Minister urged to approve new community air ambulance

Minister urged to approve new community air ambulance

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The ICRR air ambulance landing at St Flannan’s College in Ennis last year – Photo: © Pat Flynn 2018

Ireland’s first charity-funded community air ambulance is appealing for the service to be approved to go live.

The group behind the Irish Community Rapid Response (ICRR) air ambulance has said “getting the service into operation is imperative, as delays could cost lives.”

While the life-saving service remains ready to go live, the charity is awaiting a formal announcement from the Minister for Health.

However, Minister Simon Harris has yet to receive a recommendation of approval for the service from the HSE’s National Ambulance Service (NAS).

The charity has urged the announcement of a formal start date for the life-saving service confirming that, in the meantime, the charity is currently incurring staff payroll costs while awaiting the service going live.

ICRR is already delivering professional pre-hospital care directly to the site of emergencies throughout Ireland. The charity has been working hard to provide Ireland’s first dedicated community helicopter emergency medical service (HEMS) and making it available as an asset available to the National Ambulance Service (NAS) to respond to serious trauma and medical emergencies if required.

Irish Community Rapid Response Air Ambulance visits Ennis.

Irish Community Rapid Response Air Ambulance visits Ennis. #GoPro

Posted by Emergency Services – Clare, Ireland on Friday, October 5, 2018

The charity’s Augusta 109E helicopter is based at Rathcool Aerodrome, Millstreet in Cork and has visited dozens of location across the country meeting members of the statutory and voluntary emergency services. The service has also acquired a fire truck to meet fire safety requirements at the aerodrome.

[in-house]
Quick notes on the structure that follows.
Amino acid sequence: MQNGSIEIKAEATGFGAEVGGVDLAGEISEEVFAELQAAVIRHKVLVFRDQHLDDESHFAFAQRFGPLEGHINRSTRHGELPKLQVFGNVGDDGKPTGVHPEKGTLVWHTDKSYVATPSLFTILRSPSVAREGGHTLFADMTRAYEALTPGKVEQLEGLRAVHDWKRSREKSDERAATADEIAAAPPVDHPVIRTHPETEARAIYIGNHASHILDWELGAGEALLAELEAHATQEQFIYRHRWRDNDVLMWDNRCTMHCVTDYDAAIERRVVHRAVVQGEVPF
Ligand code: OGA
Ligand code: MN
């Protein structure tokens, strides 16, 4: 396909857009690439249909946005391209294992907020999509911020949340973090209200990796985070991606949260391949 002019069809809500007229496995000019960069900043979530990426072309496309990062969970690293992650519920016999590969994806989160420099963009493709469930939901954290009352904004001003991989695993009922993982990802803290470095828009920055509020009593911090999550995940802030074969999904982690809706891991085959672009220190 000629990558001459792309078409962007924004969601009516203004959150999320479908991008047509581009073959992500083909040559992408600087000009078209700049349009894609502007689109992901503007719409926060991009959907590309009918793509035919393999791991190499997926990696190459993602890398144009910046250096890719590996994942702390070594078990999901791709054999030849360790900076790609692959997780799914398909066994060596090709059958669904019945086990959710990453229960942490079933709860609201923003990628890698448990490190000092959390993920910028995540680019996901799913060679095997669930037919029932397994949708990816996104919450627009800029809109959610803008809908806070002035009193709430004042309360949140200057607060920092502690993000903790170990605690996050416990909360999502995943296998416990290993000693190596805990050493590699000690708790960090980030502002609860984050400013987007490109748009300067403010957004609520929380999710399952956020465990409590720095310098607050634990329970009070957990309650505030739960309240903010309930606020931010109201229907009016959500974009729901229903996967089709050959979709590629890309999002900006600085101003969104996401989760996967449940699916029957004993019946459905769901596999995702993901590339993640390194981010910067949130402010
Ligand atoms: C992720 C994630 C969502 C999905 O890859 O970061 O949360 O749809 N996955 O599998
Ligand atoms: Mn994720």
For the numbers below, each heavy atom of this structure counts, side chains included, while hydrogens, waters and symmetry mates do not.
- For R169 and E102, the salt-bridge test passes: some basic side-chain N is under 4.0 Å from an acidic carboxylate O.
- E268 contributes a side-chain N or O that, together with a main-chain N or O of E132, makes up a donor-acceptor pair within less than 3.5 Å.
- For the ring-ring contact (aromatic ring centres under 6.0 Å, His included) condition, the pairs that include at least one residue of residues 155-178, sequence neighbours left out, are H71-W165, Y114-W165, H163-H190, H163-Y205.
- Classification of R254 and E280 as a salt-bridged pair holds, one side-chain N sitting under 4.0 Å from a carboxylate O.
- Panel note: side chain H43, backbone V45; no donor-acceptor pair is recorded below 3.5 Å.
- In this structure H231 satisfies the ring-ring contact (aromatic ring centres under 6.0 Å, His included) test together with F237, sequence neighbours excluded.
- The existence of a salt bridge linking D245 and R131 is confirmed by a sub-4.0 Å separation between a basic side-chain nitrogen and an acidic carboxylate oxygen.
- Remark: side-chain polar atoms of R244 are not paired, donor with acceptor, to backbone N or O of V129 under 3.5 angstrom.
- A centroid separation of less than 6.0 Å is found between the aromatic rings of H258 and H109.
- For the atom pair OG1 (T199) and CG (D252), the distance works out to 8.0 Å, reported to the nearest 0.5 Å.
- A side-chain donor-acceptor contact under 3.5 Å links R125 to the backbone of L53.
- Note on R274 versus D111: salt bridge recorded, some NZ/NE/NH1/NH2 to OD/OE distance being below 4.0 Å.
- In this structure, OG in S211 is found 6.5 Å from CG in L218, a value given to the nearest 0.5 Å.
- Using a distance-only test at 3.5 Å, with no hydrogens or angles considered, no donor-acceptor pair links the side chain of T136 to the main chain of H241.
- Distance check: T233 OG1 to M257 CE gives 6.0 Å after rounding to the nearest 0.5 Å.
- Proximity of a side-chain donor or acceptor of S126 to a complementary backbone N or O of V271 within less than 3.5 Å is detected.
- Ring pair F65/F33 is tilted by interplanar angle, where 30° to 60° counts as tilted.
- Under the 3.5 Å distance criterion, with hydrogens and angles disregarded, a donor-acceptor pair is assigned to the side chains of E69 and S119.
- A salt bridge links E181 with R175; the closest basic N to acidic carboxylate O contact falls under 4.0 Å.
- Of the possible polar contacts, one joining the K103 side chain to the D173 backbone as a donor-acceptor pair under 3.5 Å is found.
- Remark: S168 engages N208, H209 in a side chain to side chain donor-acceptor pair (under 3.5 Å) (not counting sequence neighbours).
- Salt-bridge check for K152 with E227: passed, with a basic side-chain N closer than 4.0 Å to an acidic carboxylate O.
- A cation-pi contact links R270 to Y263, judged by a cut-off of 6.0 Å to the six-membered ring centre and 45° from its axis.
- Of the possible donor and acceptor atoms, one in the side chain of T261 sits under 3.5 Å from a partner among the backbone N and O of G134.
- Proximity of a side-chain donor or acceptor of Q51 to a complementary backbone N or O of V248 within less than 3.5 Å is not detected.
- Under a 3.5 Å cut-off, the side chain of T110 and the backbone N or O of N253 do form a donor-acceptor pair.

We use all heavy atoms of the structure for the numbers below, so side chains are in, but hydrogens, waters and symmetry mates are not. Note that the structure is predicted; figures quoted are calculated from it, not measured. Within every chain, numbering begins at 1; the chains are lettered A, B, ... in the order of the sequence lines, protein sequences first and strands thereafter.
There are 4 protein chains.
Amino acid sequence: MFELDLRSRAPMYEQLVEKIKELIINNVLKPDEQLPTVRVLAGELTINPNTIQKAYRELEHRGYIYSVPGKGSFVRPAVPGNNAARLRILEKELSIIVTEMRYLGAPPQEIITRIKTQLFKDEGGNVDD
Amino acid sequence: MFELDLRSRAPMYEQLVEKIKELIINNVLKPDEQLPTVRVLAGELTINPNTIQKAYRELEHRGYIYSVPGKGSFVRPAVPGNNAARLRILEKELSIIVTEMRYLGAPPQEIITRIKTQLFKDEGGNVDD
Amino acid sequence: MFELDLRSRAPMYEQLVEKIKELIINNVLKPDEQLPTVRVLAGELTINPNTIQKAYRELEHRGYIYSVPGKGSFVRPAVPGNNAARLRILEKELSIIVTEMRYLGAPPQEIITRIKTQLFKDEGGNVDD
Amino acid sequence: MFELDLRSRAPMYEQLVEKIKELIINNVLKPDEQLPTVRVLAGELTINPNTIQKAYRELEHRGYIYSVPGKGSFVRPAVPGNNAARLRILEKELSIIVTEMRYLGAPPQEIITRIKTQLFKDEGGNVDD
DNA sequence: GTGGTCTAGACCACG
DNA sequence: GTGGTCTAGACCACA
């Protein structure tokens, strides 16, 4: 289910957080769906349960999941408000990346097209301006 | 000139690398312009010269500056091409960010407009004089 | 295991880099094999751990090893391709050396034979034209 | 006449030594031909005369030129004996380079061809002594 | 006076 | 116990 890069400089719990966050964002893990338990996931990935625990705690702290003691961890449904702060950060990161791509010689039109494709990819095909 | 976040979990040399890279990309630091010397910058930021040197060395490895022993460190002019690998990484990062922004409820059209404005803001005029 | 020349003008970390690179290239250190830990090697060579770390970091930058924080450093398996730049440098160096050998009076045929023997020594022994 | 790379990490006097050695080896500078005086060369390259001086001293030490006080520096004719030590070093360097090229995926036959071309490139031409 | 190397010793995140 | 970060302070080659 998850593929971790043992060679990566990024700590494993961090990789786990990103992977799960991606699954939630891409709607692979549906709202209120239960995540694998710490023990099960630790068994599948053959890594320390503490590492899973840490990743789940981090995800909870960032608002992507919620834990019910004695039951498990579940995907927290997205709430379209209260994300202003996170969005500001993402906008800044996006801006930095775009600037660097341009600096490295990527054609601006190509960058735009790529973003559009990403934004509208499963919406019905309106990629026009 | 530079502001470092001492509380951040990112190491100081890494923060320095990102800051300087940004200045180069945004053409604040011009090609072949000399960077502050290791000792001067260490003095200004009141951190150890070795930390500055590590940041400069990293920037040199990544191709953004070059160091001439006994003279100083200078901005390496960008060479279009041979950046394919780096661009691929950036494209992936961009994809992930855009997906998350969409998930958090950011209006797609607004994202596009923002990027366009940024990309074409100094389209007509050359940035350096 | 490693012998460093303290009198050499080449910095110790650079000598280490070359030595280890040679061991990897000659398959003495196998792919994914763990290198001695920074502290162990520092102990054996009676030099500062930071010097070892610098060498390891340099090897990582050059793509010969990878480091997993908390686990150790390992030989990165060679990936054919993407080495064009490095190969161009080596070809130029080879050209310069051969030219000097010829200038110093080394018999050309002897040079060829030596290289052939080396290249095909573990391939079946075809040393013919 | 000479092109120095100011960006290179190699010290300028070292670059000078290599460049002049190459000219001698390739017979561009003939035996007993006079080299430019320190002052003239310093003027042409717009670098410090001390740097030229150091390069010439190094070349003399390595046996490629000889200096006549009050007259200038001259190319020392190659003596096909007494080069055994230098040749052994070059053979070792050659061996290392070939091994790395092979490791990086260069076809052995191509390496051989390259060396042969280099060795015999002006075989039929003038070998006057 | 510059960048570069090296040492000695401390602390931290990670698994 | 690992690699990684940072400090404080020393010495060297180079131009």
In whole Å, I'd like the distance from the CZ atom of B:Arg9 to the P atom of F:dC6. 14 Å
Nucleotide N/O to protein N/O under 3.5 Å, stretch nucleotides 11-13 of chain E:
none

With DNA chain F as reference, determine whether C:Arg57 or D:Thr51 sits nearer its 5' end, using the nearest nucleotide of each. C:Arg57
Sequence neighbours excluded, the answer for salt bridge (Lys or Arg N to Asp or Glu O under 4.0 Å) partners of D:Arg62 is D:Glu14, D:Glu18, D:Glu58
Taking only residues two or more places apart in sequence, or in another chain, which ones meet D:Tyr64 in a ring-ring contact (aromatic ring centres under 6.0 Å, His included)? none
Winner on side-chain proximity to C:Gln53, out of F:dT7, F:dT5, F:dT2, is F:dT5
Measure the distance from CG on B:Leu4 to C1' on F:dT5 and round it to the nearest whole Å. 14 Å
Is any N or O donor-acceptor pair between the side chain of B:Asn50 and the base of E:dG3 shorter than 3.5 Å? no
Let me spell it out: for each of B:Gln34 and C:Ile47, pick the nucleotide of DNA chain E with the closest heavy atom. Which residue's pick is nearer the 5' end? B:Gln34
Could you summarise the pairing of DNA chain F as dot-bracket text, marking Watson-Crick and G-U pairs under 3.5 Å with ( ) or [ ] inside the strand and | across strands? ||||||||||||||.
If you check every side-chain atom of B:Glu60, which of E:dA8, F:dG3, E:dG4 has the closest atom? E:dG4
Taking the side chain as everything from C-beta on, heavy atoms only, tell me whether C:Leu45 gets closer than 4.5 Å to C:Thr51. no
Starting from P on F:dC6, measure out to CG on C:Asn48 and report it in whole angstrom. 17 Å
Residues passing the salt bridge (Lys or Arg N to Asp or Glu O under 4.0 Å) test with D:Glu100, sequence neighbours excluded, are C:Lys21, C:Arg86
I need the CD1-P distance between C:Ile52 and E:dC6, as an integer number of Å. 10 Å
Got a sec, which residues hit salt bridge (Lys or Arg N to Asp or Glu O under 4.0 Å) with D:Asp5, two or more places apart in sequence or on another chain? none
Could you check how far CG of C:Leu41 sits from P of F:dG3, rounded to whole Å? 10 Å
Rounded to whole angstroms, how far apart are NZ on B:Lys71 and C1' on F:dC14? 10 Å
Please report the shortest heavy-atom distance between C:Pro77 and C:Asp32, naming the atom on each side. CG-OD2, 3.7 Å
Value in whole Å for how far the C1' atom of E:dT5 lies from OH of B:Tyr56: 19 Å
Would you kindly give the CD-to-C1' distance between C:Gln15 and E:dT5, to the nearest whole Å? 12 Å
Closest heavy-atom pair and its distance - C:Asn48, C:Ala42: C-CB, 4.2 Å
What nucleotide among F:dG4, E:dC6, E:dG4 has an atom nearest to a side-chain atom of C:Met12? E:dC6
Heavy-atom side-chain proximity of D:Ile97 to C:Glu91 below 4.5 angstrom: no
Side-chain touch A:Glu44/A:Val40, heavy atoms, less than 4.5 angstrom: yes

A spokesperson for the Department of Health said: “It is understood that there has been extensive engagement between the ICRR and the NAS in relation to a proposed service arrangement. However, the Minister has not, as yet, received any recommendation for the approval of this service development.

It should be noted that before the NAS can recommend a service arrangement to the Minister for approval, it will need to be fully satisfied that all necessary clinical and corporate governance arrangements are such that the new service will be safe, robust and sustainable.”

The ICRR has said it is satisfied that the requirements and specifications, which the charity has been tasked with, are in place.

“ICRR’s responsibility is to provide and fund the air base, the pilots, engineers and ground staff. The HSE NAS is providing the paramedical staff and integrating the service with the other emergency health services. The Department of Health is providing policy and service oversight,” a spokesman said.

The charity has said: “In the past year ICRR has spent in excess of €50,000 on paramedic training, which was delivered last year together with the HSE NAS. €400,000 has been invested in the Air Ambulance base facilities. The charity is currently incurring staff payroll costs while awaiting the service going live.”

“ICRR is grateful to the public for its ongoing over-whelming support for the service and urges the announcement of an imminent start date. Existing Air Ambulance Services have been proven to save lives both in Ireland and abroad and this is why getting the service into operation is imperative, as delays could cost lives,” the charity added.

The ICRR air ambulance visited St Flannan’s College in Ennis last October.

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Chief Reporter Pat Flynn has worked as a journalist for almost 30 years. His career began during the late 1980s when, like many aspiring radio presenters of the time, he worked for local pirate radio stations in Clare and Limerick. Pat joined Clare FM in 1990 where he worked as researcher initially and later presented several different programmes including the station's flagship current affairs programme. He was also the station's News Editor and Deputy Controller of Programmes. Despite leaving in 2003 to pursue a career as a freelance journalist, he continues to work with the station to this day. As well as being the Clare Herald’s Chief Reporter Pat is also freelance journalist and broadcaster, contributing to Ireland’s national newspapers and is a regular contributor to national broadcasters.

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